Financial Stability Paper No. 49
By Martina Fazio and Gary Harper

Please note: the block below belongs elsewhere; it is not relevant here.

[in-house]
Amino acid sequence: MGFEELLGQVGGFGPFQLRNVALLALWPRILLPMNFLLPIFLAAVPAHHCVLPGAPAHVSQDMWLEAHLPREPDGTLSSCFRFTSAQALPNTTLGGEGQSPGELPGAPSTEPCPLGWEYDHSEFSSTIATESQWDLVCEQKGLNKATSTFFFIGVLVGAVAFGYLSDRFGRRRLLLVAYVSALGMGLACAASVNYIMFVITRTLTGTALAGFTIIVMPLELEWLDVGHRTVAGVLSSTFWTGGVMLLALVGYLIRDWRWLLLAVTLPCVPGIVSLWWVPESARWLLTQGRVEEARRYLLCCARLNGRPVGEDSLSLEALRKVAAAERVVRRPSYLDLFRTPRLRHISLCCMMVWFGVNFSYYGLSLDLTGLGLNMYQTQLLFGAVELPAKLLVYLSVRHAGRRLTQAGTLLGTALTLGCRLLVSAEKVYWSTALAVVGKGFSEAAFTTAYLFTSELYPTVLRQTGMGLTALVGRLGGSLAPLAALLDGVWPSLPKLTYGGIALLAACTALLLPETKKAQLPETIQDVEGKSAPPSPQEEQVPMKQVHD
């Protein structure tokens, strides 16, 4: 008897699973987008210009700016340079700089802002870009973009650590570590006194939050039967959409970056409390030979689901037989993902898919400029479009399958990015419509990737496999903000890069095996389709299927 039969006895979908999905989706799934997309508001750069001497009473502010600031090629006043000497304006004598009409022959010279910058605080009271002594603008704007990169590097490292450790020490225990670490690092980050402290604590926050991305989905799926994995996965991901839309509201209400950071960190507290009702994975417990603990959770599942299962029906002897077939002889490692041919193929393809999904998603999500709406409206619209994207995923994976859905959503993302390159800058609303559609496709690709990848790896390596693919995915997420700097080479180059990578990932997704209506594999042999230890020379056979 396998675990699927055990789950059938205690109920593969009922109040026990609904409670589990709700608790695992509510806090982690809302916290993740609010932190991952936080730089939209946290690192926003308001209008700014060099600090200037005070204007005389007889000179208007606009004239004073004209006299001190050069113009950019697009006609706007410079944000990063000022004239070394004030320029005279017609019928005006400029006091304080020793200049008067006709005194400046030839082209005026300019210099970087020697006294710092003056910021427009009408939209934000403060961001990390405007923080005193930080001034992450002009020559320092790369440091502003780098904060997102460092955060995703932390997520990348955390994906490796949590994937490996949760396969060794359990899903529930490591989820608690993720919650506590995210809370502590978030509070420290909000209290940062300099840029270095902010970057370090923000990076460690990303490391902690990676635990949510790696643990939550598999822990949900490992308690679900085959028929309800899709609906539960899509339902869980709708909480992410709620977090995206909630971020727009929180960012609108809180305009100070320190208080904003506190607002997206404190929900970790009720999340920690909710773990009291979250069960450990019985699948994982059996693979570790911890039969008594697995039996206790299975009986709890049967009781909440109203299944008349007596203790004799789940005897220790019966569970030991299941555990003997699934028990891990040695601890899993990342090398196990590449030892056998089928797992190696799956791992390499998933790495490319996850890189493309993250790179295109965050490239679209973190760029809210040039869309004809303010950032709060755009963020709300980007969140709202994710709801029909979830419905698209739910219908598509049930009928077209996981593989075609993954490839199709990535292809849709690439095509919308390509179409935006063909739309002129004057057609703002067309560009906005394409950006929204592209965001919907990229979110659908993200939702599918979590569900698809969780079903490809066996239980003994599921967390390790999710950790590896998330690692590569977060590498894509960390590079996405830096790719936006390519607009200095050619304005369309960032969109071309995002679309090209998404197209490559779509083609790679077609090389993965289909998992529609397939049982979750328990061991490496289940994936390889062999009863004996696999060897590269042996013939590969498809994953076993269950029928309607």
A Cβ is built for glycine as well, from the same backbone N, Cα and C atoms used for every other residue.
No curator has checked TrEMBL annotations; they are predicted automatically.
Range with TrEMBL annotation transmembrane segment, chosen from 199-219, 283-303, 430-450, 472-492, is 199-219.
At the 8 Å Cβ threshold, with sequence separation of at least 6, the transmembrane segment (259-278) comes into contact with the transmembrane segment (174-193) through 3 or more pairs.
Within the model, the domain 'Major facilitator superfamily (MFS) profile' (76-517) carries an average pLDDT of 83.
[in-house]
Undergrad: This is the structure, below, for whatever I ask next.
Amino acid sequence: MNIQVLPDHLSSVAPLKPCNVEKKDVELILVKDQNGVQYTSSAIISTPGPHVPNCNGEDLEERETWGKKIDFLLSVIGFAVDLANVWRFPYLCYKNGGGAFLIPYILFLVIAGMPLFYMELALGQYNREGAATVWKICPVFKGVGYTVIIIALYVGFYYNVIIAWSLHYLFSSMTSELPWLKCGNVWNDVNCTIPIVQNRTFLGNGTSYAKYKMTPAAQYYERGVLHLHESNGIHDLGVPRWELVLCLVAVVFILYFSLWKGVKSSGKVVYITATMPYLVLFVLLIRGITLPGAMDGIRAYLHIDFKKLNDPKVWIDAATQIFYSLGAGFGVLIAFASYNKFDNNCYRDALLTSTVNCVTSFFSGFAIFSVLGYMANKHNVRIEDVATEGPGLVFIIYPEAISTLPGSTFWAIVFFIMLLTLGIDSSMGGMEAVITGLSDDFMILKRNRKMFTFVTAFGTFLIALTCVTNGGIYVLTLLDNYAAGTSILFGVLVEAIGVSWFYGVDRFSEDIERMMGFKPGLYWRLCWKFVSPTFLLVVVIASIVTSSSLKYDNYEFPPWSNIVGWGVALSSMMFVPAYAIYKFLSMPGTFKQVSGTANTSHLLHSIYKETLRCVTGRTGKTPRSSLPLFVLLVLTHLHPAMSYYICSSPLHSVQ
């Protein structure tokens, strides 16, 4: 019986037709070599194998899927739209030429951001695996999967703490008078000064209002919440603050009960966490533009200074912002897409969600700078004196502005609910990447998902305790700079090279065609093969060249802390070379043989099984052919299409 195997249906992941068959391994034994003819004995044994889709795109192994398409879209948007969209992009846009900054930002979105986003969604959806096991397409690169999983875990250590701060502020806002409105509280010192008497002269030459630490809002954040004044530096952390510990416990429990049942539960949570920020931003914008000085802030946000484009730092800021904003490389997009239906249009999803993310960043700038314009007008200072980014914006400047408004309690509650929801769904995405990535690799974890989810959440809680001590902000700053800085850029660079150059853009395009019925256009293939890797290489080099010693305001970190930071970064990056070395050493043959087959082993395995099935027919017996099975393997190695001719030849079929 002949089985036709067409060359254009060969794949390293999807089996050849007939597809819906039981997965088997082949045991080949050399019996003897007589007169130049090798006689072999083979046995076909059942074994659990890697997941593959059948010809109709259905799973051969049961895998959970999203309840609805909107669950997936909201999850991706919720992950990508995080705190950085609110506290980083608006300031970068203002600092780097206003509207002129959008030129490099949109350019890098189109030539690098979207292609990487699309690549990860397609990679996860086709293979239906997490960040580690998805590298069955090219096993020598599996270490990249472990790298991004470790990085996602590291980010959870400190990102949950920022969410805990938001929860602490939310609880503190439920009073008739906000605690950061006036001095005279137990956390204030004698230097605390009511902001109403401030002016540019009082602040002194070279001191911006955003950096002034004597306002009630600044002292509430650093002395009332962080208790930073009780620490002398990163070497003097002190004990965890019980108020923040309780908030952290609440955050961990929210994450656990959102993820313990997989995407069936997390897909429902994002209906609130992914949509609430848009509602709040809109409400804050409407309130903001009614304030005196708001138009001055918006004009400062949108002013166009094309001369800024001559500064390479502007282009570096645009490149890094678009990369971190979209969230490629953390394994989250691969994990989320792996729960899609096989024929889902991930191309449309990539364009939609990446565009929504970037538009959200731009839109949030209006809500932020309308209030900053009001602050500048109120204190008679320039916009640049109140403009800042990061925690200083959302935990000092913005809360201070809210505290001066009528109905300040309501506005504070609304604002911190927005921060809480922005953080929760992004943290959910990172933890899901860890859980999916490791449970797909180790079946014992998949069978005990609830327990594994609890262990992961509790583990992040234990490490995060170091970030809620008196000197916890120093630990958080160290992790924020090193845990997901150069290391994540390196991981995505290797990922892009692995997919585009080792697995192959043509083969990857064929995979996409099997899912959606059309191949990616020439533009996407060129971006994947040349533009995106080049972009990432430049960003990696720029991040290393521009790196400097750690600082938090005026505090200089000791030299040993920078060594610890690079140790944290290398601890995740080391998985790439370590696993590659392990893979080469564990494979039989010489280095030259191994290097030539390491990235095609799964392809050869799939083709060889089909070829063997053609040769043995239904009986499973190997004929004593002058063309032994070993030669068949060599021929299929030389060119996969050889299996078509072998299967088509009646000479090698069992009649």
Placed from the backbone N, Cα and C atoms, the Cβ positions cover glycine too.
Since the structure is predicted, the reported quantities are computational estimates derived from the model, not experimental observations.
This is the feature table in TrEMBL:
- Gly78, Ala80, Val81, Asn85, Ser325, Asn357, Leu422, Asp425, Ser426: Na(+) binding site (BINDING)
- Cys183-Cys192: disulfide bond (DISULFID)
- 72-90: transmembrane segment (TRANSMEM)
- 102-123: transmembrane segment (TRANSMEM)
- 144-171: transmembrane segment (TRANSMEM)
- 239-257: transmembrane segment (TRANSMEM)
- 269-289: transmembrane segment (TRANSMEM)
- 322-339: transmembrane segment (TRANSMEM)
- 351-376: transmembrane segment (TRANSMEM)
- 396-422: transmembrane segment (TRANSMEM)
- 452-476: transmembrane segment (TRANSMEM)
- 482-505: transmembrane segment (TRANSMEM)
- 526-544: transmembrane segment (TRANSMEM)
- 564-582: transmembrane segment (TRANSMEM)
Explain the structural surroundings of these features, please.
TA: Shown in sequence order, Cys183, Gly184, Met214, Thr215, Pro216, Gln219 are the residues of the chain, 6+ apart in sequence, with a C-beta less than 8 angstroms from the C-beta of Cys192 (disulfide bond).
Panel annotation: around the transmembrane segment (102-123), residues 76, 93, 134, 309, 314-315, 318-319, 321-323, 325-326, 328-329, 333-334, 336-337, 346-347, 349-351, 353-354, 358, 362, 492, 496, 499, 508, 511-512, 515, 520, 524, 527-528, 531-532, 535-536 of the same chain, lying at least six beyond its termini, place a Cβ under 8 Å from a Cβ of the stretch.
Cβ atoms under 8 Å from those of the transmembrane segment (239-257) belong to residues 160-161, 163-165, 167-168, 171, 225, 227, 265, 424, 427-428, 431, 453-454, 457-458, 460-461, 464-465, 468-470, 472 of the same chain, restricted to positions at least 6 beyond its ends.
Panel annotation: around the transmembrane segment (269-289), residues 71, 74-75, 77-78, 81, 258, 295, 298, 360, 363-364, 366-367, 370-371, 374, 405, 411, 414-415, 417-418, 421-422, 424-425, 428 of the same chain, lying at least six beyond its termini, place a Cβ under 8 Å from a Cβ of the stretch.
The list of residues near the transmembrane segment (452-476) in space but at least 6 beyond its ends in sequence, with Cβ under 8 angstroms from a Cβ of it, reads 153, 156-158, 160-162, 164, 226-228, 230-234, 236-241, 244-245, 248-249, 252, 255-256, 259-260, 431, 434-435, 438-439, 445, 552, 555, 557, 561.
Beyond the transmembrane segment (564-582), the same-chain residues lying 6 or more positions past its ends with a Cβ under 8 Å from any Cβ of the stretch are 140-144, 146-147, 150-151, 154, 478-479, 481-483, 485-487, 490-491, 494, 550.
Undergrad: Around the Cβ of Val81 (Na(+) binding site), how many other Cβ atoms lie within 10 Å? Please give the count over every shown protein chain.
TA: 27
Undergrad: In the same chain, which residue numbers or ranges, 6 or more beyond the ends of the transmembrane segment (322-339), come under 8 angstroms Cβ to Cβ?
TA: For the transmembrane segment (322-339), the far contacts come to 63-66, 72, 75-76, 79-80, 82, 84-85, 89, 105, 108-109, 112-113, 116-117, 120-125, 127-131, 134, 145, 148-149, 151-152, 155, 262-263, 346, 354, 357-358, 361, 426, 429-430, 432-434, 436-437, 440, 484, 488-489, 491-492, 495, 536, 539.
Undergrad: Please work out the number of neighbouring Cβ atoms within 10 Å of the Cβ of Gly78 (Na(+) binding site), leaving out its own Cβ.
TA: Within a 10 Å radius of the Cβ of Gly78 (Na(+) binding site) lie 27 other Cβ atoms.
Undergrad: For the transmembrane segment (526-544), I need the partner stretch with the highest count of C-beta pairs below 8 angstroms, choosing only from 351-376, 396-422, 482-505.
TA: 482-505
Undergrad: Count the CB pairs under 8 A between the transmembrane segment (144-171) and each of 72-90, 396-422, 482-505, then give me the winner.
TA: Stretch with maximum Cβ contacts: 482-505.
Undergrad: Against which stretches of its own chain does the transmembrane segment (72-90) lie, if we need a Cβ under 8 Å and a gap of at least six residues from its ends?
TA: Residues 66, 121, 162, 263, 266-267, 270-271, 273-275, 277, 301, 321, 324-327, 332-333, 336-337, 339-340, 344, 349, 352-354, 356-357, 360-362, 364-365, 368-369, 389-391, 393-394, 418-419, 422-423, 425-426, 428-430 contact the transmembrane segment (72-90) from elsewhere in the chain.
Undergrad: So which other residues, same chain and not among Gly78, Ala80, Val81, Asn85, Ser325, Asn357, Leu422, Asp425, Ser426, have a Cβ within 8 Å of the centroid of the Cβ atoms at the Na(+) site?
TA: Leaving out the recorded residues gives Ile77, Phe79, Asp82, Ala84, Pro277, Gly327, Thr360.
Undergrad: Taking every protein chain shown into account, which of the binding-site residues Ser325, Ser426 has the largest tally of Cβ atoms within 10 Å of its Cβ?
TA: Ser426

The Covid-19 Pandemic, and measures put in place to contain it, brought about an unprecedented contraction in economic activity. Despite this, housing prices in a range of advanced economics continued to grow, and growth in the UK reached its highest rate in over a decade. In part, this can be explained by measures put in place to support the broader economy, including a loosening of the monetary policy environment, broader fiscal measures such as the Coronavirus Job Retention Scheme, and direct support to the housing market by a temporary reduction in Stamp Duty Land Tax. But standard macroeconomic factors do not explain the full extent of the growth observed in recent years, and there is some evidence that households’ preferences for different types of housing and locations changed during the pandemic. We have analysed the effect of shifts in households’ preferences and found that, in total, they are associated with just under 50% of the total growth in housing prices observed since the start of the pandemic. But their impact has varied over time, for instance while households consistently placed higher value on houses relative to flats, the increased valuation of housing outside of London was more short-lived.